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Secure financial messaging service Swift has warned member banks of a fresh wave of attempted and successful cyber heists.
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Security measures recommended by Swift include stronger systems for authenticating users and updates to software for sending and receiving transaction messages.
The heist was part of a wider campaign that would have netted the cyber thieves almost $1bn if a typo had not alerted bank officials, who managed to block a further fraudulent transaction of $870m.
Swift subsequently acknowledged that the heist involved altering Swift software to hide evidence of fraudulent transfers, but it said its core messaging system was not harmed.
In a letter to clients, Swift said new cyber heists had emerged since June 2016, when it alerted customers to other cyber attacks that appeared to be linked to the Bangladesh central bank heist.
It warned that banks’ systems had been compromised and that an unspecified number of attempts had been made to send fraudulent payment instructions.
“The threat is persistent, adaptive and sophisticated – and it is here to stay,” Swift said.
It added that some banks targeted in the new attacks had lost money, but did not say how much or name any of the banks.
However, Swift said all the targeted banks had security weaknesses that had been exploited to compromise local networks and send fraudulent messages requesting money transfers.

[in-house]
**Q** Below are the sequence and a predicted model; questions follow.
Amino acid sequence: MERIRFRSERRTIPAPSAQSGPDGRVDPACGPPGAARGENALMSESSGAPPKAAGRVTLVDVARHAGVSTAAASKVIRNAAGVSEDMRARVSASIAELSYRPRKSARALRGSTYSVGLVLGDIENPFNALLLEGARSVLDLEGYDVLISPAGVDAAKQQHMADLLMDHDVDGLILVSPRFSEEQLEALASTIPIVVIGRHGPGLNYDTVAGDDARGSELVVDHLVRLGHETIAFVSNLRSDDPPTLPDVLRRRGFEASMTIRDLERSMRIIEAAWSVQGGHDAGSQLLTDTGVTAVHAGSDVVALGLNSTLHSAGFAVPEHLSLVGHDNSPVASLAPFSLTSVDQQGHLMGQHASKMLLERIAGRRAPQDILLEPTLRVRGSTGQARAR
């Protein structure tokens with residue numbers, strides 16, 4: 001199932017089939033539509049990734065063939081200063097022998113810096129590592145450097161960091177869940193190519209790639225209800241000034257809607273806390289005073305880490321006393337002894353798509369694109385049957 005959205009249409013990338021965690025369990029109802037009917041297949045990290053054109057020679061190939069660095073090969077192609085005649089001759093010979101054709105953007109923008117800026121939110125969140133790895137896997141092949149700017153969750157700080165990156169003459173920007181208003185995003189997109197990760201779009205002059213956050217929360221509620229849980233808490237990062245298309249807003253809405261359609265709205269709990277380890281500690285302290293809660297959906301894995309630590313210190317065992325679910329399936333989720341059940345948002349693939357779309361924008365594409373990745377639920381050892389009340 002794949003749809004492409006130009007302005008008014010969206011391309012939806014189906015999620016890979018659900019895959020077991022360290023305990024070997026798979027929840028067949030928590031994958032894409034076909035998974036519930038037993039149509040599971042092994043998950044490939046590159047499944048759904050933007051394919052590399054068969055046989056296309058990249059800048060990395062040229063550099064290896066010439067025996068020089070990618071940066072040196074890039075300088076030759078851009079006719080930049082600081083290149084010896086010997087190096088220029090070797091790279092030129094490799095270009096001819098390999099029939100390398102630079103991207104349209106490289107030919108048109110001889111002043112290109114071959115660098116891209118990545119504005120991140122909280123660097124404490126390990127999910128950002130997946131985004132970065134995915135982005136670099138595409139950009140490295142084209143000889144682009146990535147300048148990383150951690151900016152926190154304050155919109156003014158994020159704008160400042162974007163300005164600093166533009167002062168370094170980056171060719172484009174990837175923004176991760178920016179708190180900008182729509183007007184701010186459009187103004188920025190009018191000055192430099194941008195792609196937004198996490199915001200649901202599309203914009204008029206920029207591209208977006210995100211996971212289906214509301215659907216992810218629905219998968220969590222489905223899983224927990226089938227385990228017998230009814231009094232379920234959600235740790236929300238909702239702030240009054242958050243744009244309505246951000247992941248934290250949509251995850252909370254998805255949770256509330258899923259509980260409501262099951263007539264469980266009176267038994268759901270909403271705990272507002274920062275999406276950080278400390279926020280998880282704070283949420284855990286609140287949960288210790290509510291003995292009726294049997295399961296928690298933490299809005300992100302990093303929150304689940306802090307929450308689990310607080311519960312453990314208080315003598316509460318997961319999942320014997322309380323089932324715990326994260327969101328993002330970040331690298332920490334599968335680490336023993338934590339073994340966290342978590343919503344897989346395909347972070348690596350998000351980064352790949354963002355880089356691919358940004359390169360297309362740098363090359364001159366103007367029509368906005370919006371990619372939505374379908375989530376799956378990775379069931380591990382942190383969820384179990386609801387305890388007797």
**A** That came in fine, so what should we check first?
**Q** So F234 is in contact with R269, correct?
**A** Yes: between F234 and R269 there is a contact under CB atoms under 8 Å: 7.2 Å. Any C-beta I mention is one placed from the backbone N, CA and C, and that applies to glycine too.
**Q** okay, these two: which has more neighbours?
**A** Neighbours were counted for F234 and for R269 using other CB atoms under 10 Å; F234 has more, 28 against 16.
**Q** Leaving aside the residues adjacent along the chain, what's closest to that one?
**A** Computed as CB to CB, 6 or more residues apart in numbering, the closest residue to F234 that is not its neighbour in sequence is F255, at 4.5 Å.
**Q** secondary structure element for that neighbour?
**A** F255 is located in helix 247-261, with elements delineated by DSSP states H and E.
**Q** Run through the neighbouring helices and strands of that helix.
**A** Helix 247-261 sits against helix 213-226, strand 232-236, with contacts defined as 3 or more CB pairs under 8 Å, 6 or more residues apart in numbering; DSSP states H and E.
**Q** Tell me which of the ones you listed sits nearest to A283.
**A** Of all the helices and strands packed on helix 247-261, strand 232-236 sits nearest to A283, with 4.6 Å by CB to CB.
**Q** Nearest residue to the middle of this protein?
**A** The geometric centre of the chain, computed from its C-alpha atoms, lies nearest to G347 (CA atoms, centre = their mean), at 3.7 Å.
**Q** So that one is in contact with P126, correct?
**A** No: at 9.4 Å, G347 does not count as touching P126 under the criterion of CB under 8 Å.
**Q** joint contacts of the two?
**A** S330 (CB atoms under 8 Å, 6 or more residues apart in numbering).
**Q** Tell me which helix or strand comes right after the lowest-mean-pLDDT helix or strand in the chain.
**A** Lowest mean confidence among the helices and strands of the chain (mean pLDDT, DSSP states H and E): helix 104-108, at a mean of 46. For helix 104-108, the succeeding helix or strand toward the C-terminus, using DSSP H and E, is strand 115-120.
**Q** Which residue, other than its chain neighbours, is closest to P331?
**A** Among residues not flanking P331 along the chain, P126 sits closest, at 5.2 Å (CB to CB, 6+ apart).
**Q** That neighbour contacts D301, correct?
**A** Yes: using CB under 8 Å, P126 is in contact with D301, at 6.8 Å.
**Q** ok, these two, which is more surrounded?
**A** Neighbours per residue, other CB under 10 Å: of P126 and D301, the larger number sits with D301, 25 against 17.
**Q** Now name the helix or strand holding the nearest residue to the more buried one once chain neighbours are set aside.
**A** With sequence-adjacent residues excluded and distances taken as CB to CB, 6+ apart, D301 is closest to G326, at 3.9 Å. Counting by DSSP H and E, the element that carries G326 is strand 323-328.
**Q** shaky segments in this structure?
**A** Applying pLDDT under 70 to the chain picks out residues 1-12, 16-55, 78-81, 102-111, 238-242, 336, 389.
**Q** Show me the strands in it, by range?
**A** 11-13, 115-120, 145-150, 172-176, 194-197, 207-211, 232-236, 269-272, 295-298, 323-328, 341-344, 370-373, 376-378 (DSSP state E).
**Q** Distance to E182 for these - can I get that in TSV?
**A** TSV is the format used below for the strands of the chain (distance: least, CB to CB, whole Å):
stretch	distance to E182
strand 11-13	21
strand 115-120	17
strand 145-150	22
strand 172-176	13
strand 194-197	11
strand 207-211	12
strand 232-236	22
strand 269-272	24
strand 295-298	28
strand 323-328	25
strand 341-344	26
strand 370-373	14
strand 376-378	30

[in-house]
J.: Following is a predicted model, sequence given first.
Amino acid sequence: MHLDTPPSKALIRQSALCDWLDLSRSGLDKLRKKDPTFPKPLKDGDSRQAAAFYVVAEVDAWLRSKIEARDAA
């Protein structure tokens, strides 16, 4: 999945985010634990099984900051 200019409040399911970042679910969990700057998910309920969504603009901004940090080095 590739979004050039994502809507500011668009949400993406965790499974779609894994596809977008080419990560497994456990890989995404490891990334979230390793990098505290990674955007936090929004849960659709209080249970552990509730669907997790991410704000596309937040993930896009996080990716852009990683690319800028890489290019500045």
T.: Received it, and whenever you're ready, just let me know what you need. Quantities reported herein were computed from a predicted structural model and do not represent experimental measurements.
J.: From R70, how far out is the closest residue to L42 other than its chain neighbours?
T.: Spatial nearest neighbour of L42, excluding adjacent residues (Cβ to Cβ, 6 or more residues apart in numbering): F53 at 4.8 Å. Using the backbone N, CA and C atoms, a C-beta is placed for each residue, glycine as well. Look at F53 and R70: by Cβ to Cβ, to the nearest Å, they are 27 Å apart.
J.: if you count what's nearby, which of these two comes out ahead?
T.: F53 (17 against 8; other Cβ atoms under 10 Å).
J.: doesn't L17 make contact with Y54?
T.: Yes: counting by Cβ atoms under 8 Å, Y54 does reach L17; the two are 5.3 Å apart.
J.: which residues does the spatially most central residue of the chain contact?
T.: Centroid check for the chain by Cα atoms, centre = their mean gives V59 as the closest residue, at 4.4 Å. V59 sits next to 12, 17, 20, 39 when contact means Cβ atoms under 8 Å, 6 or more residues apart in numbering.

The company has set a deadline of 19 November for customers to install the latest version of its financial messaging software, which has improved security controls, and has threatened to report non-compliance to banking regulators.
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Banks and other financial institutions face an era of mega cyber heists, according to threat researchers in the financial sector.
Elite cyber criminal groups are investing heavily in penetrating high-value payment platforms, high-value corporate and banking networks, and payment processes such as Swift.
“Hackers targeting financial institutions are much more professional than they used to be,” said Troels Oerting, group chief security and information security officer at Barclays and former head of Europol’s European Cybercrime Centre (EC3).
“They take their time, they look at the processes, they have good resources, they are very adaptive, and they are more dedicated to going after bigger prizes rather than going after easier targets with smaller prizes,” he told Computer Weekly.
These elite groups typically use social engineering and spend a lot of time identifying who in a bank has privileged access to payment platforms to target them exclusively to steal their login credentials.
As part of this process, criminals are using high-tech tools for big data analysis and social mining, said Oerting, unfettered by the privacy regulations that defenders have to work within.
Adversaries are using a wider range of techniques, from detectable malware to complex database manipulation and human behaviour-mimicking components, threat researchers have found.
“These, used in combination with stolen user credentials, pose a significant challenge to traditional security systems, which are no longer adequate to deal with the threat,” said Oerting.
A new approach is needed in view of the fact that malware is now being designed to operate at the service or application level, he said. .................................................